Get Your Premium Membership

Sonnet 14, Part 3 of 3

Listen to poem:
11. They came to devour and sin. I was briefed by a cornucopia of beings: From Torchwood, ARGUS, SHIELD and their kin; The Talamasca, The Shop and MiB Greens; A BPRD agent who was burning in Hell; The Syndicate, Consortium, Watchers and Trust; The Illuminati brought a golden bell; C.L.I.T.O.R.I.S., MHI (such knowledge robust). The collider at CERN had opened the rift. A nanoscopic tear in a monstrous dimension. Worshipers, ever vigil, exploited that gift. Now we must, utterly, curtail their ascension. Then into the house she entered, shrugging. There was a kiss and a hugging. 12. There was a kiss and a hugging. Rescued from a cult in Ipswitch. Her demeanor, ethereal, bugging. She slept with a peculiar twitch. My angst and attention will have to wait For monster judication and portal castration. Outside, we gathered, fearing our fate -- Awful things floated like blimps in formation. By whatever means, we search in teams: Arkham, Innsmouth, Dunwich and Salem; CERN, Antarctica, the Nan Madol dreams; Jerusalem's Lot, Beelitz-Heilstätten Asylum; Transylvania and the Isle of Dead Creeple. We worship a circular steeple. 13. We worship a circular steeple. Time repeats when trapped in a vortex. I'm driven to Brooklyn in a VW diesel. A Tesla device in a Gravesend complex. Bug-eyed tenants, oblivious, contemplate. In the boiler room, it whirs and hums. A competent team attempts to recalibrate Until a big blobbish Shoggoth comes. Then two ... and three. We scatter in fright. The Shoggoths engorge and enfold the device; But, not before a self-destruct is set alight. The object destroyed; but, at such a steep price. These things are here to herd the sheeple. Soylent Green is made of people. 14. Soylent Green is made of people. The rift at CERN has closed at last! A major cleanup, and a mess of fecal. Civilians clueless through a MiB blast. The sun is out, the sky sublime. I drive, antsy, anticlimactic, anticipating. A return to normal space-time. Sad goodbyes. Partnerships dissipating. I hold her hand on the couch of gloom. Stroking her witchy, Veronica Lake hair. A warm wind kisses the flowers in bloom. The radio's singing, cable's back on the air. She hisses with a tooth-decaying smell. Ripples in warm sunbeams dwell. 15. Ripples in warm sunbeams dwell. A soul in flux begins to stall. I meditate on a living well. I pray the night may never fall. A flicker blurs beyond my eye. Softly she sits upon my knee. A many-legged thing I spy, My silent lady tries to flee, It's a beautiful world we live in. A hole in space needs plugging, They came to devour and sin, There was a kiss and a hugging, We worship a circular steeple, Soylent Green is made of people.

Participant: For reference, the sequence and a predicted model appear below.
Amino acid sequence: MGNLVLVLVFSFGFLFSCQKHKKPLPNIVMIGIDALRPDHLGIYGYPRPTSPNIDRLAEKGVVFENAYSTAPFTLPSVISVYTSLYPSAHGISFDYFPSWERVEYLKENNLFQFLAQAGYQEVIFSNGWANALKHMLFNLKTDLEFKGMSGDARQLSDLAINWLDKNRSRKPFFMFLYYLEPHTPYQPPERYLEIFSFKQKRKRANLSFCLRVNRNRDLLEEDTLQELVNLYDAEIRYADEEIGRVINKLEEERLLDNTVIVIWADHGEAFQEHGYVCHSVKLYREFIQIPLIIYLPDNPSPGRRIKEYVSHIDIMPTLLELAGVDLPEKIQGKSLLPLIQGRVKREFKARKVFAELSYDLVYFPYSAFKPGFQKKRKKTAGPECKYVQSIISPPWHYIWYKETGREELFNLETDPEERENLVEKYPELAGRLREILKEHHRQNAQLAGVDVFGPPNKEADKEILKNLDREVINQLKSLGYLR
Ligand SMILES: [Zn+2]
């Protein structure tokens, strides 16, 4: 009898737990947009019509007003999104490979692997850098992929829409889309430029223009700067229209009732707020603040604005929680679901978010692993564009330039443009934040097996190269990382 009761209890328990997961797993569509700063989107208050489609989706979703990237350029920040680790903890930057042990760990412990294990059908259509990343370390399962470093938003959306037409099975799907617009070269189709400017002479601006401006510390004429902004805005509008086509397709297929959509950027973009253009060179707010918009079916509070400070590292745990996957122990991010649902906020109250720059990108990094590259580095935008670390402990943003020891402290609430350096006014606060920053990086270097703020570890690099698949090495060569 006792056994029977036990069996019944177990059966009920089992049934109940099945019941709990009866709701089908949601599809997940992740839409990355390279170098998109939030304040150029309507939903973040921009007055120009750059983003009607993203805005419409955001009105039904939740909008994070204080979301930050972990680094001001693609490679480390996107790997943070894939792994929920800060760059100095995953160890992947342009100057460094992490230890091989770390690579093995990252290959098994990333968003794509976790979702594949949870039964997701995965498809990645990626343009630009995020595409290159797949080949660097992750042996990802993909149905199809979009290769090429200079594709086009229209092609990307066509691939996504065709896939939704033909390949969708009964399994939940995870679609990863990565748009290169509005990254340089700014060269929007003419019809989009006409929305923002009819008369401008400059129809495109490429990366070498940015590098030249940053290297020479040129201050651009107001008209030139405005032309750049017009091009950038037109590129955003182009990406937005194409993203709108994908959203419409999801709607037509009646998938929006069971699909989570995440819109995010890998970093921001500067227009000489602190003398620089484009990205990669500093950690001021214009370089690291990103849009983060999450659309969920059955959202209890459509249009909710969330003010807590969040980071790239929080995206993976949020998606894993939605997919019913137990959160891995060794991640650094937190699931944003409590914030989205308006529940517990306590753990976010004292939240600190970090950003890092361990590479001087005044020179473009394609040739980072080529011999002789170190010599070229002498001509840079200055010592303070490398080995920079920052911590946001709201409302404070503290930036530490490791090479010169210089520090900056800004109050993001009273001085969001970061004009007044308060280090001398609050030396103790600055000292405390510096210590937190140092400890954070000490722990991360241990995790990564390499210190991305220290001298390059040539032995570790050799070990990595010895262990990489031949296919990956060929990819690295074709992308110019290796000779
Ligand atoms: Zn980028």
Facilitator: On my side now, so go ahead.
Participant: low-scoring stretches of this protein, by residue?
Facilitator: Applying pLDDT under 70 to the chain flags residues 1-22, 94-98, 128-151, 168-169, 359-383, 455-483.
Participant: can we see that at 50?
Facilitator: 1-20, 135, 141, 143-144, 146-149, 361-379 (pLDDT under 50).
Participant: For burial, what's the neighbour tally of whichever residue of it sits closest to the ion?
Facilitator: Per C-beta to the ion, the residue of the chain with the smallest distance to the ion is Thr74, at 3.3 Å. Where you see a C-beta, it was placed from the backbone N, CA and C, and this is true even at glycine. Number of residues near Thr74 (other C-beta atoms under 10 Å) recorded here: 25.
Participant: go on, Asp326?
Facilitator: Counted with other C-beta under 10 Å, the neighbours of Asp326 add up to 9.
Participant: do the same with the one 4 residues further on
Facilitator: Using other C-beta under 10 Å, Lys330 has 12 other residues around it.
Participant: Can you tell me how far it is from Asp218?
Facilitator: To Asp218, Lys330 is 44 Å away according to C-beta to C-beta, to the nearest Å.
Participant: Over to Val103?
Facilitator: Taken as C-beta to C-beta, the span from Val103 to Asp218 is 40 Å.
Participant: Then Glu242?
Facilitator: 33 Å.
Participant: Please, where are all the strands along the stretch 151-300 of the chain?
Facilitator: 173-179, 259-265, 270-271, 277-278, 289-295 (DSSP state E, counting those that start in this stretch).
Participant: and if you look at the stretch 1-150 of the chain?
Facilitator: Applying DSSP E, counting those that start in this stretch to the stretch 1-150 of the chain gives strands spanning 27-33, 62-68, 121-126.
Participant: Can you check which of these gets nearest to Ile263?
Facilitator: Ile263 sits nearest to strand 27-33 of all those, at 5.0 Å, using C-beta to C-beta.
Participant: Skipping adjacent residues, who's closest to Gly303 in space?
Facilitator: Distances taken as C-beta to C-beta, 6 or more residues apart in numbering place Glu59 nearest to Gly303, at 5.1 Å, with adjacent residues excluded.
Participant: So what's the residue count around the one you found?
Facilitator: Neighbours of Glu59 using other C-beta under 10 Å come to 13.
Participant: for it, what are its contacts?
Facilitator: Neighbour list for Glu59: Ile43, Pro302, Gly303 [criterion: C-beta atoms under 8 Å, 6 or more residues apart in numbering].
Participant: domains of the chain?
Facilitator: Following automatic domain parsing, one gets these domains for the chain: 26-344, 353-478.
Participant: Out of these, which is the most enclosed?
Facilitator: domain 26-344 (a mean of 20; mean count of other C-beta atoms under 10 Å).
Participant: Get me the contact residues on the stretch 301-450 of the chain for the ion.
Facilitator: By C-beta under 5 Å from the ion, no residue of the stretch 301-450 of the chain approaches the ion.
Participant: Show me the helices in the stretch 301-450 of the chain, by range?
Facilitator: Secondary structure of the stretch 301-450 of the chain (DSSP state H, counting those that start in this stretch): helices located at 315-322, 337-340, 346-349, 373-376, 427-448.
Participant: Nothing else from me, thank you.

Copyright © | Year Posted 2016




Post Comments

Poetrysoup is an environment of encouragement and growth so only provide specific positive comments that indicate what you appreciate about the poem.

Please Login to post a comment

Date: 6/11/2016 8:38:00 AM
A very enjoyable write and an epic journey you've written. Your rhymes are great, and excuse the crude expression, but da@! the iamb. Enjoyed it thoroughly (big Sci-Fi and fantasy fan), loved the last line.
Login to Reply
Arnone Avatar
Tom Arnone
Date: 7/23/2016 7:21:00 PM
Sorry for this belated reply; but, thanks and I'm glad you enjoyed the sonnet(s). :-)
Date: 5/30/2016 9:58:00 PM
Xool inclusion of Soylent Green Tom. I'm not impressed with CERN and their "God Particle", although many dimensions of reality, energy, and physics do exist which humans have difficulty perceiving and comprehending, which is the value I find in your crown sonnet of awakening. Big creativity in this work Tom...J.A.B.
Login to Reply
Arnone Avatar
Tom Arnone
Date: 5/31/2016 8:39:00 AM
"My fears melted away and in their place came acceptance. All this vast majesty of creation-it had to mean something. And then I meant something, too. Yes, smaller than the smallest-I meant something, too. To God, there is no zero. I still exist." ATTRIBUTION: Friedrich Durrenmatt (1921-1990), Swiss dramatist, novelist, essayist, Jack Arnold, and Trans. by Gerhard P. Knapp (1995). Romulus the Great, act I (1956). Also spoken by Robert Scott Carey (Grant Williams) at the conclusion of The Incredible Shrinking Man (1956).
Date: 5/29/2016 6:50:00 PM
Tom, this is a brilliant story, satire, tribute to HPL, and all around winner. A true pleasure to read!
Login to Reply
Arnone Avatar
Tom Arnone
Date: 5/29/2016 7:58:00 PM
Thanks, Tom.